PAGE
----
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Lifelong Effects of infant SSRI exposure via breastmilk

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  • Lifelong Effects of infant SSRI exposure via breastmilk

    Is there any information available regarding long-term effects (into adulthood) of infant exposure to SSRIs via breastmilk? I know Zoloft is L2 and is the preferred antidepressants for a breastfeeding mother and is generally found in very low levels in milk. I'm wondering, though, if the exposure to the drug could change the infant's brain chemistry or in some way predispose him/her to depression later in life.

    Thanks for your time and attention.

  • #2
    Zoloft is now rated an L1-extensive data-compatible. The amount transferred into breast milk is only 0.4-2.2% of your dose.The data is consistent that levels in milk are quite low and do not normally affect an infant. Monitor for sedation or irritability, not waking to feed/poor feeding and weight gain. Unfortunately we do not have any long term data on this medication at this time. Here is the data we do have.

    Sertraline is a typical serotonin reuptake inhibitor similar to fluoxetine; however, the longer half-life metabolite of sertraline, desmethylsertraline, is only marginally active. In one study of a single patient taking 100 mg of sertraline daily for 3 weeks postpartum, the concentration of sertraline in milk was 24, 43, 40, and 19 micrograms per Liter of milk at 1, 5, 9, and 23 hours, respectively following the dose.[1] The maternal plasma levels of sertraline after 12 hours was 48 ng/mL. Sertraline plasma levels in the infant at three weeks were below the limit of detection (<0.5 ng/mL) at 12 hours post-dose. Routine pediatric evaluation after 3 months revealed a neonate of normal weight who had achieved the appropriate developmental milestones.

    In another study of 3 breastfeeding patients who received 50-100 mg sertraline daily, the maternal plasma levels ranged from 18.4 to 95.8 ng/mL, whereas the plasma levels of sertraline and its metabolite, desmethylsertraline, in the 3 breastfed infants were below the limit of detection (<2 ng/mL).[2] Milk levels were not measured.

    Another recent publication reviewed the changes in platelet serotonin levels in breastfeeding mothers and their infants who received up to 100 mg of sertraline daily.[3] Mothers treated with sertraline had significant decreases in their platelet serotonin levels, which is expected. However, there was no change in platelet serotonin levels in breastfed infants of mothers consuming sertraline, suggesting that only minimal amounts of sertraline are actually transferred to the infant. This confirms other studies. Studies by Stowe of 11 mother/infant pairs (maternal dose= 25-150 mg/day) further suggest minimal transfer of sertraline into human milk.[4] From this good study, the concentration of sertraline peaked in the milk at 7-8 hours and the metabolite (desmethylsertraline) at 5-11 hours. The reported concentrations of sertraline and desmethylsertraline in breastmilk were 17-173 microgram/L and 22-294 microgram/L respectively. The reported dose of sertraline to the infant via milk varied from undetectable (5 of 11) to 0.124 mg/day in one infant. The infant's serum concentration of sertraline varied from undetectable to 3 ng/mL but was undetectable in 7 of 11 patients. No developmental abnormalities were noted in any of the infants studied.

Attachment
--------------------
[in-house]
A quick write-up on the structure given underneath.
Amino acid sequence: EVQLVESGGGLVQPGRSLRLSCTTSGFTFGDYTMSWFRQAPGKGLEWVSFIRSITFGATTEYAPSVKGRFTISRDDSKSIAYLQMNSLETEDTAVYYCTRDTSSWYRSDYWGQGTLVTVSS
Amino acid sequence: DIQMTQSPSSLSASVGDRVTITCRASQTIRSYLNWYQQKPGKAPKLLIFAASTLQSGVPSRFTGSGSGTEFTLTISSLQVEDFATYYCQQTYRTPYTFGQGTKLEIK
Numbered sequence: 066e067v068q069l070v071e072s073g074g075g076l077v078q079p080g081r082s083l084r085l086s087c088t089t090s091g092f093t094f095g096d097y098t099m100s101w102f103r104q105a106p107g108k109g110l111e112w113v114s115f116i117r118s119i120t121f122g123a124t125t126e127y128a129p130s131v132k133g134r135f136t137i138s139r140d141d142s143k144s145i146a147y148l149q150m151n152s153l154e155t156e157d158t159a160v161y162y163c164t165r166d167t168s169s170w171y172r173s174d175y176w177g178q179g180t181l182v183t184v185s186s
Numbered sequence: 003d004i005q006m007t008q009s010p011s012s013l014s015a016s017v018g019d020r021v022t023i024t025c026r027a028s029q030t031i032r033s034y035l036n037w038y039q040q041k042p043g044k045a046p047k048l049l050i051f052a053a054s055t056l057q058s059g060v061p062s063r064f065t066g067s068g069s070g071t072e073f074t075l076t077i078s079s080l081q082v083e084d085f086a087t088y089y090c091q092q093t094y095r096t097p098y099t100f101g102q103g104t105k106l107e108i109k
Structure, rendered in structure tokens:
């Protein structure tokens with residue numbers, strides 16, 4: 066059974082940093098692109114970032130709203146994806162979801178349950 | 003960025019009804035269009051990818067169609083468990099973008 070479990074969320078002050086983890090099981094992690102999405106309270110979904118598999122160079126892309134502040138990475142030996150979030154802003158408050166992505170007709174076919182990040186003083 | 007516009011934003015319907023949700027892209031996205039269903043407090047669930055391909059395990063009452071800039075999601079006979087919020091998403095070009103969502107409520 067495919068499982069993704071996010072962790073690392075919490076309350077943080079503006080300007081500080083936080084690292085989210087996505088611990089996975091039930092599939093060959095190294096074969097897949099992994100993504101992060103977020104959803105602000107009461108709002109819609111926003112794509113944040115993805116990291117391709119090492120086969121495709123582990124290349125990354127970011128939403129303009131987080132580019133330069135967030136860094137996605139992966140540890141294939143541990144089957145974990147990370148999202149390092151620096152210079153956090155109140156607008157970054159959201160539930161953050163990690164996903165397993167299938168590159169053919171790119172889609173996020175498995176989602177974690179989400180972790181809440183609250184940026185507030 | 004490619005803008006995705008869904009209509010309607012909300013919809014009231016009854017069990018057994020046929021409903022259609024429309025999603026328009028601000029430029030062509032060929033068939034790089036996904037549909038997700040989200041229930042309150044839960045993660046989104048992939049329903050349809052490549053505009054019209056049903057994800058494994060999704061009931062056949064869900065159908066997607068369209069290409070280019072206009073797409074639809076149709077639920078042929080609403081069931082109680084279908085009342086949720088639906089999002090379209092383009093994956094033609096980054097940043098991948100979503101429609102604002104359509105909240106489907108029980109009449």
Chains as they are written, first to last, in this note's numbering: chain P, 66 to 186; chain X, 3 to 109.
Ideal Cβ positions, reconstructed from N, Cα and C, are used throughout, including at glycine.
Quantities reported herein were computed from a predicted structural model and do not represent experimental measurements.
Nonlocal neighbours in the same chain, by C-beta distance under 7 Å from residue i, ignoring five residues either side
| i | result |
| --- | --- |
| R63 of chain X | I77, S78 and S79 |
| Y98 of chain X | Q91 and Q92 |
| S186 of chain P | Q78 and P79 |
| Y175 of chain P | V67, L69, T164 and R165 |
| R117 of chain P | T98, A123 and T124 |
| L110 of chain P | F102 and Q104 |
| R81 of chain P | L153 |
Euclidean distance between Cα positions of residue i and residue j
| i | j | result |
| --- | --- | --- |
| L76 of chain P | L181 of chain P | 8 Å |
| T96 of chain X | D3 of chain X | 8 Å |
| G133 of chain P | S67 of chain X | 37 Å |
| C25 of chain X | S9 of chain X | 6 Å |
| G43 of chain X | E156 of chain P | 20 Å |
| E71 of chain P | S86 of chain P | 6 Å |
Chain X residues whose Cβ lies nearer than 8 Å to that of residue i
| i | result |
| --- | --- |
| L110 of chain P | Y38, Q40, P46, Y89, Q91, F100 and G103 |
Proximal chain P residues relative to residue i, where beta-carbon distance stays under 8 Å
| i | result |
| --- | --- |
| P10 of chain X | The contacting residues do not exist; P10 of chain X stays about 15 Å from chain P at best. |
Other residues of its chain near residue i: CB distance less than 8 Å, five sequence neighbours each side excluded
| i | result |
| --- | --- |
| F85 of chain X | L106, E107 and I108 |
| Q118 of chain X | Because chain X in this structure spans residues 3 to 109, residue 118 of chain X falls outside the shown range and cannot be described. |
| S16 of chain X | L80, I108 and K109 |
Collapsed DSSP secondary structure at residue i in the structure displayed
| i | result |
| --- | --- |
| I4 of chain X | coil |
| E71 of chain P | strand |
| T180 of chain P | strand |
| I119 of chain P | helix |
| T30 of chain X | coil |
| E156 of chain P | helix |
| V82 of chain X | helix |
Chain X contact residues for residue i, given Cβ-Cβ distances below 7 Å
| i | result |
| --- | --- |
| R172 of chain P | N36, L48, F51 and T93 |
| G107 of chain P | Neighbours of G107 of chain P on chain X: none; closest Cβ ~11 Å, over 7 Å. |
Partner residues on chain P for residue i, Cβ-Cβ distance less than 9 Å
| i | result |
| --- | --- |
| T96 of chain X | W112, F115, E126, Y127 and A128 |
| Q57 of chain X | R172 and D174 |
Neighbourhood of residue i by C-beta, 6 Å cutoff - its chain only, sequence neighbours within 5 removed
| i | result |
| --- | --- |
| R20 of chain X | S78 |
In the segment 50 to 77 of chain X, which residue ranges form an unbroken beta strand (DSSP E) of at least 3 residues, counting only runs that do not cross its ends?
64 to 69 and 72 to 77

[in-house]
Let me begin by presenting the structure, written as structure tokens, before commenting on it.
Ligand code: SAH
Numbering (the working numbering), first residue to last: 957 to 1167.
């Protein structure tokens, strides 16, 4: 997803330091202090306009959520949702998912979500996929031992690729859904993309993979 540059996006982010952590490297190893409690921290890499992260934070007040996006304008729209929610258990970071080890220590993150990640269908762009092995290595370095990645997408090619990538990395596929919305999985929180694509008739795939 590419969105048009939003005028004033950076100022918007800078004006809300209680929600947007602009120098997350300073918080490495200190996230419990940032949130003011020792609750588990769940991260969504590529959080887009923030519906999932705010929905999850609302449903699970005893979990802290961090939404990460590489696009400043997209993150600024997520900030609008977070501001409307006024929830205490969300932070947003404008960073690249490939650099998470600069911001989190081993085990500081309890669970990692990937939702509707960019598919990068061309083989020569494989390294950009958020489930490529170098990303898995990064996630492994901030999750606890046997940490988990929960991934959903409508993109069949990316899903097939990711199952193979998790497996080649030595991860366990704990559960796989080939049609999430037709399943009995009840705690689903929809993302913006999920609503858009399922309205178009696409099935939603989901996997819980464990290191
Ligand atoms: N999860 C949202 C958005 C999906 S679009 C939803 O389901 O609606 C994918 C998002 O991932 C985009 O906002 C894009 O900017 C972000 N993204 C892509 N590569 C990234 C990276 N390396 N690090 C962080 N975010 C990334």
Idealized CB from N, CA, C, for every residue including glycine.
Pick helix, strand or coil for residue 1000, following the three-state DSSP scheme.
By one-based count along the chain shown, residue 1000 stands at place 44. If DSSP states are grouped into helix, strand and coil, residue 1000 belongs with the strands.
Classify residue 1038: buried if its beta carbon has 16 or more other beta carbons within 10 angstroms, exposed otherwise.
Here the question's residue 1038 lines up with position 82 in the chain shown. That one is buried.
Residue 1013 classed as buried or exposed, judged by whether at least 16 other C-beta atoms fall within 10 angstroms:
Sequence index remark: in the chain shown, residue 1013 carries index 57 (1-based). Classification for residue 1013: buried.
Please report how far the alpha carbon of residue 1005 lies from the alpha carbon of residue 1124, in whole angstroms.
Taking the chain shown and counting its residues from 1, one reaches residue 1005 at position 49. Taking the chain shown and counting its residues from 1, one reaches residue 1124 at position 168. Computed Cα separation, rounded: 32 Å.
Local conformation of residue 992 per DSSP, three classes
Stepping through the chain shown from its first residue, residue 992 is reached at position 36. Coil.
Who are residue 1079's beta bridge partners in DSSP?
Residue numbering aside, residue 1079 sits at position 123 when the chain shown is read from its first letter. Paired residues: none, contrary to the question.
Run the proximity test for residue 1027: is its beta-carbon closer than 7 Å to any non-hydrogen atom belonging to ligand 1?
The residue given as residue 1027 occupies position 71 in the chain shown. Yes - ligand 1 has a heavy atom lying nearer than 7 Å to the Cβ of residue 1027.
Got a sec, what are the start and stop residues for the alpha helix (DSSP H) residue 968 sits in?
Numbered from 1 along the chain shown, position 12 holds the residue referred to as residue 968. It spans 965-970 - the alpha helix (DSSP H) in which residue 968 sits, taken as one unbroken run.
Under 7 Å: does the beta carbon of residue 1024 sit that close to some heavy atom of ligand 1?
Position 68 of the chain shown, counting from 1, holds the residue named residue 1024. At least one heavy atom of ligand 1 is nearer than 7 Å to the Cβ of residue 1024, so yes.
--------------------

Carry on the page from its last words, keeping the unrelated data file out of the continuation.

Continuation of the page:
In a study of 8 women taking sertraline (1.05 mg/kg/day) the mean milk/plasma ratio was 1.93 and 1.64 for sertraline and N-desmethylsertraline.[5] Infant exposure estimated from actual milk produced was 0.2% and 0.3% of the weight-adjusted maternal dose for sertraline and N-desmethylsertraline (sertraline equivalents) respectively. Assuming a 150 mL/kg/day intake, infant exposure was significantly greater at 0.9% and 1.32% for sertraline and N-desmethylsertraline respectively. Neither sertraline nor its N-desmethyl metabolite could be detected in plasma samples from the four infants tested. No adverse effects were observed in any of the eight infants and all had achieved normal developmental milestones.